• Vol. 43 No. 6, 314–319
  • 15 June 2014

Neonatal Diabetes in a Singapore Children’s Hospital: Molecular Diagnoses of Four Cases

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ABSTRACT

Introduction: Neonatal diabetes (ND) presents below 6 months of age, and is caused by a genetic defect in glucose homeostasis. Molecular genetic diagnosis can identify the exact molecular aetiology and guide clinical management. The objective of this study was to identify ND among children with diabetes in a major children’s hospital in Singapore and to characterise their molecular and clinical features.

Materials and Methods: The study identified all infants below 6 months of age who presented with diabetes to our centre from January 2008 to December 2010. It also reviewed diabetes database comprising 662 patients, to identify those who were diagnosed with diabetes below 6 months of age between January 1997 and December 2010. Four patients (3 females and 1 male) were identified and their molecular aetiology was investigated.

Results: A molecular aetiology was found in each of the 4 patients identified. Two patients (Patient 1 and 2) had permanent ND (PND). Patient 1 who has KCNJ11/R201H mutation was successfully switched from insulin to oral glibenclamide and Patient 2 who has a novel mutation INS/C109Y continues to be treated with insulin. Two patients (Patient 3 and 4) had transient ND (TND) and no longer require insulin or any other intervention to maintain normoglycaemia. Patient 3 has a novel mutation ABCC8/F1182S and Patient 4 has a paternal duplication on chromosome 6q24.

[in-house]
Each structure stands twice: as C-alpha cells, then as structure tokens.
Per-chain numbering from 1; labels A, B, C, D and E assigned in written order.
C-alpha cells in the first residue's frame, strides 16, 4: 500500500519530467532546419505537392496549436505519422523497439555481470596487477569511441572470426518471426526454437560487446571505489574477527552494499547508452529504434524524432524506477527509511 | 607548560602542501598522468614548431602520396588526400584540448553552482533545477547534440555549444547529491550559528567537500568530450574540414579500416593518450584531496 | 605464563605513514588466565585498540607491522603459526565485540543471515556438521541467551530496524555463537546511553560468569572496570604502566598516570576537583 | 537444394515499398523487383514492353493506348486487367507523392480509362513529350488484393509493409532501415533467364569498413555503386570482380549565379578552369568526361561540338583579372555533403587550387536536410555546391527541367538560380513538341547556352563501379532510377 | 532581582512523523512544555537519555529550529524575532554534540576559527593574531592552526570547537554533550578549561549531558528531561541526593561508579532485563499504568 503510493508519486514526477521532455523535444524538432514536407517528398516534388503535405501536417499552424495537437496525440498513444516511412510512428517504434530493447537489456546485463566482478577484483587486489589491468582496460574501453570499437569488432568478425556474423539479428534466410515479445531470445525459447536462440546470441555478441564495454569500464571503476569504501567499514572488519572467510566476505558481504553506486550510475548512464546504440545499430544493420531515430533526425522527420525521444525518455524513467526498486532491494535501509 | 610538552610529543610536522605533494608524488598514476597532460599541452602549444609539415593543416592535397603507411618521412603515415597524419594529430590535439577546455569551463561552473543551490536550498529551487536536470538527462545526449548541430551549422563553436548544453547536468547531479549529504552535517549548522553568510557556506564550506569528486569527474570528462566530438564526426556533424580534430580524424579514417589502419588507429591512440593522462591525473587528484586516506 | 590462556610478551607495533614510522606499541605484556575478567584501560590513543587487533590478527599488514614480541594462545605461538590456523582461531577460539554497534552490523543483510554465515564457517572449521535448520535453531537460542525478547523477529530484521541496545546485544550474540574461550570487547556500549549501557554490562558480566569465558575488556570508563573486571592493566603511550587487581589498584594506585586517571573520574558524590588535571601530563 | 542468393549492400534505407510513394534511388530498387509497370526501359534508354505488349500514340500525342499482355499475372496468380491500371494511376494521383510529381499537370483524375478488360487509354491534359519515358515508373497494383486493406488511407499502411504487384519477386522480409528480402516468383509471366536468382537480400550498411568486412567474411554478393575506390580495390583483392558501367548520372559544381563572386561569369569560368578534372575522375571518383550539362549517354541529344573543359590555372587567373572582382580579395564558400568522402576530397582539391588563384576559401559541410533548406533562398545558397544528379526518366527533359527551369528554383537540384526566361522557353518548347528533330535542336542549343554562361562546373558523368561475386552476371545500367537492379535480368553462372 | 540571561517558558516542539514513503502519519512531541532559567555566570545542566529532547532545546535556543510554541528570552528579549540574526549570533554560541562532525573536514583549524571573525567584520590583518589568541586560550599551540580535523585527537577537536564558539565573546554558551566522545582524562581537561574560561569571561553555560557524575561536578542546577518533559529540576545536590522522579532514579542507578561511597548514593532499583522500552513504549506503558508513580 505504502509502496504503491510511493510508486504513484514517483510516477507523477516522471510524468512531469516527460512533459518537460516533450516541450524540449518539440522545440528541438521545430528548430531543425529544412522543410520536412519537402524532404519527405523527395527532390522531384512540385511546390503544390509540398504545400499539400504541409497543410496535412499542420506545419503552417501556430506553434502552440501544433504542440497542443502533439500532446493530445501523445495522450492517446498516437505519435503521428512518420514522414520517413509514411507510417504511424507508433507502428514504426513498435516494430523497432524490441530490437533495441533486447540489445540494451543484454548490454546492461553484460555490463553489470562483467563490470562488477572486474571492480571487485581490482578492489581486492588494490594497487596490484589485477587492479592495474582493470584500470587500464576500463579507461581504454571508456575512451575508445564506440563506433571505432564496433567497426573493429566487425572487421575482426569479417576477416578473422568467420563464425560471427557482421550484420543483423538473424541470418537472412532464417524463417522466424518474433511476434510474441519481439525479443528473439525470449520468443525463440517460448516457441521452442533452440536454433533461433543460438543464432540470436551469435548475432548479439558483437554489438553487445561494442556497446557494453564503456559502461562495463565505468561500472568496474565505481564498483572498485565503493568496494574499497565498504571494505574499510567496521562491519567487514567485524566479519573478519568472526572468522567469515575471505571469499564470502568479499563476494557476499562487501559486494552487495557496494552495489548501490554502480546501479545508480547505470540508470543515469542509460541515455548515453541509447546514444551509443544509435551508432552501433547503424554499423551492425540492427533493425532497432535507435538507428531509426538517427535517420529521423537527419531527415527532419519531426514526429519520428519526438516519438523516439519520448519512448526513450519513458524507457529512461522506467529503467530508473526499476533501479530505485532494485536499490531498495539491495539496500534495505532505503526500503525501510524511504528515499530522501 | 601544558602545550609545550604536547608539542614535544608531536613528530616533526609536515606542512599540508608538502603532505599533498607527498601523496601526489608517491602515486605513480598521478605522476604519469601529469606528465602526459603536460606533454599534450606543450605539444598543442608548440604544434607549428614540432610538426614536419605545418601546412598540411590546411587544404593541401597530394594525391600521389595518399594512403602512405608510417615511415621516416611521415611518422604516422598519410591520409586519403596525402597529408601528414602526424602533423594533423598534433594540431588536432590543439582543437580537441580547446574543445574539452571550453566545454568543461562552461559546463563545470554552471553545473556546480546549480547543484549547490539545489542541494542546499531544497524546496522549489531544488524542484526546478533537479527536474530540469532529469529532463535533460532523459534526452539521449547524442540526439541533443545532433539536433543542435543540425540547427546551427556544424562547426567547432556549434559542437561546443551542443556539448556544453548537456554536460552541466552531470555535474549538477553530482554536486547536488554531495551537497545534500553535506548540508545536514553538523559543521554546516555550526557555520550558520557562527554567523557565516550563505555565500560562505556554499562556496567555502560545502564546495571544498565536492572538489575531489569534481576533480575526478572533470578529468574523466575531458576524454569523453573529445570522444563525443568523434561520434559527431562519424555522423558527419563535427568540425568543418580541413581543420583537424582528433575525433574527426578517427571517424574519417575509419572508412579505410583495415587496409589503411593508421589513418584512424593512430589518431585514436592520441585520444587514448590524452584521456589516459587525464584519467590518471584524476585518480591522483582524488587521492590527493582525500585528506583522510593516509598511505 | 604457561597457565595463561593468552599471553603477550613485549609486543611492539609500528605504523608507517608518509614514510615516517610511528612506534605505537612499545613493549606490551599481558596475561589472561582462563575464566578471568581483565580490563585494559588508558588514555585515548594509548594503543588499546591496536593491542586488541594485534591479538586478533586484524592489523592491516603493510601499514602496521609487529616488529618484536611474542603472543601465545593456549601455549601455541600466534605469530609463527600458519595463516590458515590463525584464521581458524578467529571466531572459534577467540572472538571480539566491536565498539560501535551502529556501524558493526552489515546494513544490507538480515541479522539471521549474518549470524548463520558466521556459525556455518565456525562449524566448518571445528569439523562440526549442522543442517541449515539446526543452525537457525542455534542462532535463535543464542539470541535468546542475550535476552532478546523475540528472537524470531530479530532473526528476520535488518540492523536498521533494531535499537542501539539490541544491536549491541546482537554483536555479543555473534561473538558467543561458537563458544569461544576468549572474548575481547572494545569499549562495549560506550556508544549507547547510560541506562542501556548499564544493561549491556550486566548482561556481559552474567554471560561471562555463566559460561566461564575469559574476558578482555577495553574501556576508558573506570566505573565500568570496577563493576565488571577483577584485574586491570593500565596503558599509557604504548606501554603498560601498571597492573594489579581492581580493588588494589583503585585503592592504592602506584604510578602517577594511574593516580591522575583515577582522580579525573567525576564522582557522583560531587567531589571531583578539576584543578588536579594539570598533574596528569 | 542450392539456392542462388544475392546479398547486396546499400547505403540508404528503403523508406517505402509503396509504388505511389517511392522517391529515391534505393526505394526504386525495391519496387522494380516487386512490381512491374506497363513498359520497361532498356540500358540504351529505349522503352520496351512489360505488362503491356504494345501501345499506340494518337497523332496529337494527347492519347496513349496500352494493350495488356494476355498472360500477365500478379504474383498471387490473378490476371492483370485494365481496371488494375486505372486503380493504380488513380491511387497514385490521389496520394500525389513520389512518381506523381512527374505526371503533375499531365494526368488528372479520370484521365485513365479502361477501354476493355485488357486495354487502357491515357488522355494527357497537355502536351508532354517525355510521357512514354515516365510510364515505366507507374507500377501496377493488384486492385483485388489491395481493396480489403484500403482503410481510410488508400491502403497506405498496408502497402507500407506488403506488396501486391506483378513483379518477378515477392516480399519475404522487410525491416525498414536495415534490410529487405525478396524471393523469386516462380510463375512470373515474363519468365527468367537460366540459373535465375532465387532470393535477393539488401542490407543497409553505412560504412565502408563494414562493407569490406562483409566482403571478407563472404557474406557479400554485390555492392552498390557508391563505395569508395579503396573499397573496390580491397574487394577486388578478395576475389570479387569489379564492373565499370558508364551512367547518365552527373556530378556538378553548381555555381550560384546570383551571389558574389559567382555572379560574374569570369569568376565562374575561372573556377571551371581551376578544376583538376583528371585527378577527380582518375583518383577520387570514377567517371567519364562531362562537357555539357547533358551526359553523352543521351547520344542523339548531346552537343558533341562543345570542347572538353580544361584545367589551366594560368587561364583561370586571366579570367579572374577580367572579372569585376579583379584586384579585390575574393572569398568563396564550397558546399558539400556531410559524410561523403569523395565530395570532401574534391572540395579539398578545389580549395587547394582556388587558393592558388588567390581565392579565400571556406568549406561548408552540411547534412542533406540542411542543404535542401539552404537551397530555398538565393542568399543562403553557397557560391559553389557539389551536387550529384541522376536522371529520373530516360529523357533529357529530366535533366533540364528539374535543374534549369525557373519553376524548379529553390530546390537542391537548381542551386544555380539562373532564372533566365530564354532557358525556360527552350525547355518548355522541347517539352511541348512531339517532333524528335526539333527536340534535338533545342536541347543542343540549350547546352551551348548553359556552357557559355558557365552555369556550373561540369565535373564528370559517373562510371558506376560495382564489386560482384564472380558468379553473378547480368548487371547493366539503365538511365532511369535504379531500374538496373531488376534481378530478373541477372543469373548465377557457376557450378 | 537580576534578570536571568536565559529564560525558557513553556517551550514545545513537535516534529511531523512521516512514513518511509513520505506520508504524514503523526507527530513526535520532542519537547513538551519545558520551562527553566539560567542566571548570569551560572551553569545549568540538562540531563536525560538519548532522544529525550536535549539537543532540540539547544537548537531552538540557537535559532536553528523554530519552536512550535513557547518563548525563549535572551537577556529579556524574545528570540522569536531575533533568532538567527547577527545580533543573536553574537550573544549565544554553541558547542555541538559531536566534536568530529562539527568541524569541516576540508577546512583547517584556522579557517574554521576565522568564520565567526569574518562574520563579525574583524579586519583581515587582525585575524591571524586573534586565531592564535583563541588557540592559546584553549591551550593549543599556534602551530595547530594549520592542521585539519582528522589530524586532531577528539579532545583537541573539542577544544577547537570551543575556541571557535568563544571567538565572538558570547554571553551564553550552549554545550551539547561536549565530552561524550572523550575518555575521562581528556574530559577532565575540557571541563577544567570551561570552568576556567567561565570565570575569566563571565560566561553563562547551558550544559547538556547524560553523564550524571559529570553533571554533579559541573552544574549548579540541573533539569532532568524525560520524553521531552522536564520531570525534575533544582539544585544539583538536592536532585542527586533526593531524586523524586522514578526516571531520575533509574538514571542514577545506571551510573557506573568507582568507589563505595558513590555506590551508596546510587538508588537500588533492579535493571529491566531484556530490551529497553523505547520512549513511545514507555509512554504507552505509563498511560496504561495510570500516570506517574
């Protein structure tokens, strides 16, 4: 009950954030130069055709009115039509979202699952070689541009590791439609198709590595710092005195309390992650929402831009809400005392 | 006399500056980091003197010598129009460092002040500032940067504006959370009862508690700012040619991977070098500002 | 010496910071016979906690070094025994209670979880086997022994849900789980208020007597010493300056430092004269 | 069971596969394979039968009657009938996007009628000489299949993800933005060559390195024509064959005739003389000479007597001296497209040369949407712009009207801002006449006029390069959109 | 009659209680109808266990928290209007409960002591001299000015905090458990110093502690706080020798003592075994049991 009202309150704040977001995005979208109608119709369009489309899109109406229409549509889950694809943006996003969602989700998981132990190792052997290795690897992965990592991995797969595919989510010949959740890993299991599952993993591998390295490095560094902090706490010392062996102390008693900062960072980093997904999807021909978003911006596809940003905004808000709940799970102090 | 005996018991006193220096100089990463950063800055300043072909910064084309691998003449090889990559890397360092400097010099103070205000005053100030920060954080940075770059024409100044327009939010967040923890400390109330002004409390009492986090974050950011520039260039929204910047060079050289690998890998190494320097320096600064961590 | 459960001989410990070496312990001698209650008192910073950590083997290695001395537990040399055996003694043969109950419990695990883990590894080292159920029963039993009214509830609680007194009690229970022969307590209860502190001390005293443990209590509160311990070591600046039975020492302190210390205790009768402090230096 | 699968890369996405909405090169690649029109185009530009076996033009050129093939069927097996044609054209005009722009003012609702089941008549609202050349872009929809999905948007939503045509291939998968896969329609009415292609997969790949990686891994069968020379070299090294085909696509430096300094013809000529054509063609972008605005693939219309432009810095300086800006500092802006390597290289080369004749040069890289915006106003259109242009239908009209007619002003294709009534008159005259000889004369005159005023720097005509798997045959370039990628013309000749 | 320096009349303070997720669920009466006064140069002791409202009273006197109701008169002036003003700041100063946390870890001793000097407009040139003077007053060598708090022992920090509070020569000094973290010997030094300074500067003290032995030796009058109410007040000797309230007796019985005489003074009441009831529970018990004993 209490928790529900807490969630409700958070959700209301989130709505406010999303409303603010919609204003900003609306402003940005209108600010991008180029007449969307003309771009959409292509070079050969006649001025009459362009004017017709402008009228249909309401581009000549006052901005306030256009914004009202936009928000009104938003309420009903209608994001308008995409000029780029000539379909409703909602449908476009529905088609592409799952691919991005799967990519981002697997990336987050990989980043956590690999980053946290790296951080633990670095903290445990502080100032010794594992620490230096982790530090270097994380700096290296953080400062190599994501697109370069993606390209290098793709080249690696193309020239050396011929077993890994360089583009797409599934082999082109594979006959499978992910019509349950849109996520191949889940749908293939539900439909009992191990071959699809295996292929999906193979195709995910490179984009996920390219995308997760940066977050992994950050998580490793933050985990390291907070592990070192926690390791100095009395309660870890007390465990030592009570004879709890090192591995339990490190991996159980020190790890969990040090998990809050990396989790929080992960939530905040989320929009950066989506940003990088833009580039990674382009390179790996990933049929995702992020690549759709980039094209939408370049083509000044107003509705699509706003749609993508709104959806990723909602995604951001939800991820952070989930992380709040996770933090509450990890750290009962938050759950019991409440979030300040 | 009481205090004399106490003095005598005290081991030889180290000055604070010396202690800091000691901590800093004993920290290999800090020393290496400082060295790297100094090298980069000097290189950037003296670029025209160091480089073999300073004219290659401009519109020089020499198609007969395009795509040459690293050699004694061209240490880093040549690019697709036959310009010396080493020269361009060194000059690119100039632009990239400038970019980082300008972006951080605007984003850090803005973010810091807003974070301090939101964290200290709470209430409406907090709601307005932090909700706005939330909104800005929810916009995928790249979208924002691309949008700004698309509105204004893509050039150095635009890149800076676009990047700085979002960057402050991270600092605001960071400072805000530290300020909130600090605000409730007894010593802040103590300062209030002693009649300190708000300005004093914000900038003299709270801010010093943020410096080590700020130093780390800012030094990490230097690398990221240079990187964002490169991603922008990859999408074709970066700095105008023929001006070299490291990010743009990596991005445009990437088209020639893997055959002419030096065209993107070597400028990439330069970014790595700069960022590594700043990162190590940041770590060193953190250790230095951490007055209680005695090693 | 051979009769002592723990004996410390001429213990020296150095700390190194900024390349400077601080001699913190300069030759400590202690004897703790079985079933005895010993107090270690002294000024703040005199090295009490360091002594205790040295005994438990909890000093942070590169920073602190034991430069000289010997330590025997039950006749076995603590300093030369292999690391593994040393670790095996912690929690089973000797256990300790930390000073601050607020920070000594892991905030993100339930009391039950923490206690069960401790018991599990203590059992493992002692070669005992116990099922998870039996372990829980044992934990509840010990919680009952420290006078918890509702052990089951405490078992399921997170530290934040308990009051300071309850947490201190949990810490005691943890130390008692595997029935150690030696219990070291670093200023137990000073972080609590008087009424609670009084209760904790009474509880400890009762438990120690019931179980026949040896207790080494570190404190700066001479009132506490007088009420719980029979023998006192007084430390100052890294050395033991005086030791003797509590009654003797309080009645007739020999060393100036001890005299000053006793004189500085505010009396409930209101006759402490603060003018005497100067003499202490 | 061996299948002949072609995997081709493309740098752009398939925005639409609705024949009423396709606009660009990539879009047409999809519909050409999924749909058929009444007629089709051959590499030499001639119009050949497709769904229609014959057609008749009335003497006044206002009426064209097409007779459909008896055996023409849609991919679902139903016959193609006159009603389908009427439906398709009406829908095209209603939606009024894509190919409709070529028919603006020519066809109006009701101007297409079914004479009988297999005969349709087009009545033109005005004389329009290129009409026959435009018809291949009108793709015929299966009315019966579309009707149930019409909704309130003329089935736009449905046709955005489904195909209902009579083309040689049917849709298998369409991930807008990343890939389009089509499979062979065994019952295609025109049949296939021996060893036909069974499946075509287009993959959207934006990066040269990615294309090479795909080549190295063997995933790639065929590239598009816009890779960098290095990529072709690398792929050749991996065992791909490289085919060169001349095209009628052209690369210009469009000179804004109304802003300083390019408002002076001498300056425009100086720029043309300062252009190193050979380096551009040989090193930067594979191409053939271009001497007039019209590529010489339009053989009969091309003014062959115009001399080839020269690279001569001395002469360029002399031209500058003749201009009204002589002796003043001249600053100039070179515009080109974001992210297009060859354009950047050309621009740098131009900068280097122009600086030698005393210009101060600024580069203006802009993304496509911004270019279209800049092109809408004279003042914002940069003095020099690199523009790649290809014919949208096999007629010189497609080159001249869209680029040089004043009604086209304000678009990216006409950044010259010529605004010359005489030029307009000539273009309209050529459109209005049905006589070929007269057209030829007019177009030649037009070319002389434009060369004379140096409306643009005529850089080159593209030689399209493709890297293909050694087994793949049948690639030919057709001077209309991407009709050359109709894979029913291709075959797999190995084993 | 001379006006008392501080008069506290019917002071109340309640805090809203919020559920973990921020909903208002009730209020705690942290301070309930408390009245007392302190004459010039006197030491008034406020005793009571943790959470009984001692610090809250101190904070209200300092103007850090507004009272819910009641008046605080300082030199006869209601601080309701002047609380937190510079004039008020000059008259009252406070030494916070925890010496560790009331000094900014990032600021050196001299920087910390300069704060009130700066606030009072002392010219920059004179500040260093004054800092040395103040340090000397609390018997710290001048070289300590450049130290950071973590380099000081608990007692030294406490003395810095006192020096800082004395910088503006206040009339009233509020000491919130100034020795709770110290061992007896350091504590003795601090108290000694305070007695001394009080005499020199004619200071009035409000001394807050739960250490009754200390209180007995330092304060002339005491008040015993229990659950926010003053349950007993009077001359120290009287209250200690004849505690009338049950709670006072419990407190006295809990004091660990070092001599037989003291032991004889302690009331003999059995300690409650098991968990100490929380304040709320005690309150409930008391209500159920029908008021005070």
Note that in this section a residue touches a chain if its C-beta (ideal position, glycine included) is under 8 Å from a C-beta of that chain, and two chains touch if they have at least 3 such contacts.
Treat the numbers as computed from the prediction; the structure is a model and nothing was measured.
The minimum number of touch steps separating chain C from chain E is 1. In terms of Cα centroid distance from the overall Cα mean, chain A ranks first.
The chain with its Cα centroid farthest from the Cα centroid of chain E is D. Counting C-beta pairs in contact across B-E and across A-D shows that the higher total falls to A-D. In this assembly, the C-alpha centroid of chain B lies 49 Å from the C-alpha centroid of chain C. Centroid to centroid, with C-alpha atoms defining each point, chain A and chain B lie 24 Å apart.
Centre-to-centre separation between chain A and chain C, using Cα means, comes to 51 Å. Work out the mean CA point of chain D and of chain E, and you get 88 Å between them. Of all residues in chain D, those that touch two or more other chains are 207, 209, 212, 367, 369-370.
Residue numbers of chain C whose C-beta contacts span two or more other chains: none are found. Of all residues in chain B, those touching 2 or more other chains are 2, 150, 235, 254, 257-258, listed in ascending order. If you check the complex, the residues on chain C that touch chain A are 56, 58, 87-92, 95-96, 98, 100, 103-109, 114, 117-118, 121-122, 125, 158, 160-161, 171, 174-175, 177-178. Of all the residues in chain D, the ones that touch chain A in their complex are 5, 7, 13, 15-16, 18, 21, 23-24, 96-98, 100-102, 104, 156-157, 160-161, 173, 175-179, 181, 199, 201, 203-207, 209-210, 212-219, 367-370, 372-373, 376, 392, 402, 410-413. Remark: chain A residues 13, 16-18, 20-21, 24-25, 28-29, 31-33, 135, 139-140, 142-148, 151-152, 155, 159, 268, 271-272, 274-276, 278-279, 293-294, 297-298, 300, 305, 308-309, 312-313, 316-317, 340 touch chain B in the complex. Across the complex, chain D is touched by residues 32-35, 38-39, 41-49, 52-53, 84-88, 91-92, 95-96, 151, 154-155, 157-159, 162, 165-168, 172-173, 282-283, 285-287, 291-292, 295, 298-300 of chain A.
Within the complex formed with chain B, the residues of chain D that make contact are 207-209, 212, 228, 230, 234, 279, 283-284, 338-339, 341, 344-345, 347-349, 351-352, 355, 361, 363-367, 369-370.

Conclusion: This study identified 4 cases of ND in our cohort of diabetes children and confirmed their molecular diagnosis. Molecular genetic testing for these children led to accurate diagnosis and appropriate management.


Neonatal diabetes (ND) is a rare form of diabetes affecting 1 in 100,000 to 300,000 live births. Its exact incidence is unclear, and it was only in recent years that ND has been recognised as an entity distinct in aetiology from type 1 diabetes mellitus (T1DM). Unlike patients with T1DM, patients who develop diabetes before 6 months of age do not have serological evidence of auto-immunity but instead have been found to carry mutations in one of a number of possible genes implicated in ND. Known molecular aetiologies of ND now include mutations in the genes KCNJ11 and ABCC8 encoding the 2 protein subunits Kir6.2 and SUR1 of the ATP-sensitive potassium (KATP) channels respectively in insulin secreting beta-cells and mutations in the insulin gene (INS), encoding insulin itself. Depending on the molecular aetiology, some children can be weaned off insulin therapy and achieve normal glucose control with oral sulphonylureas.

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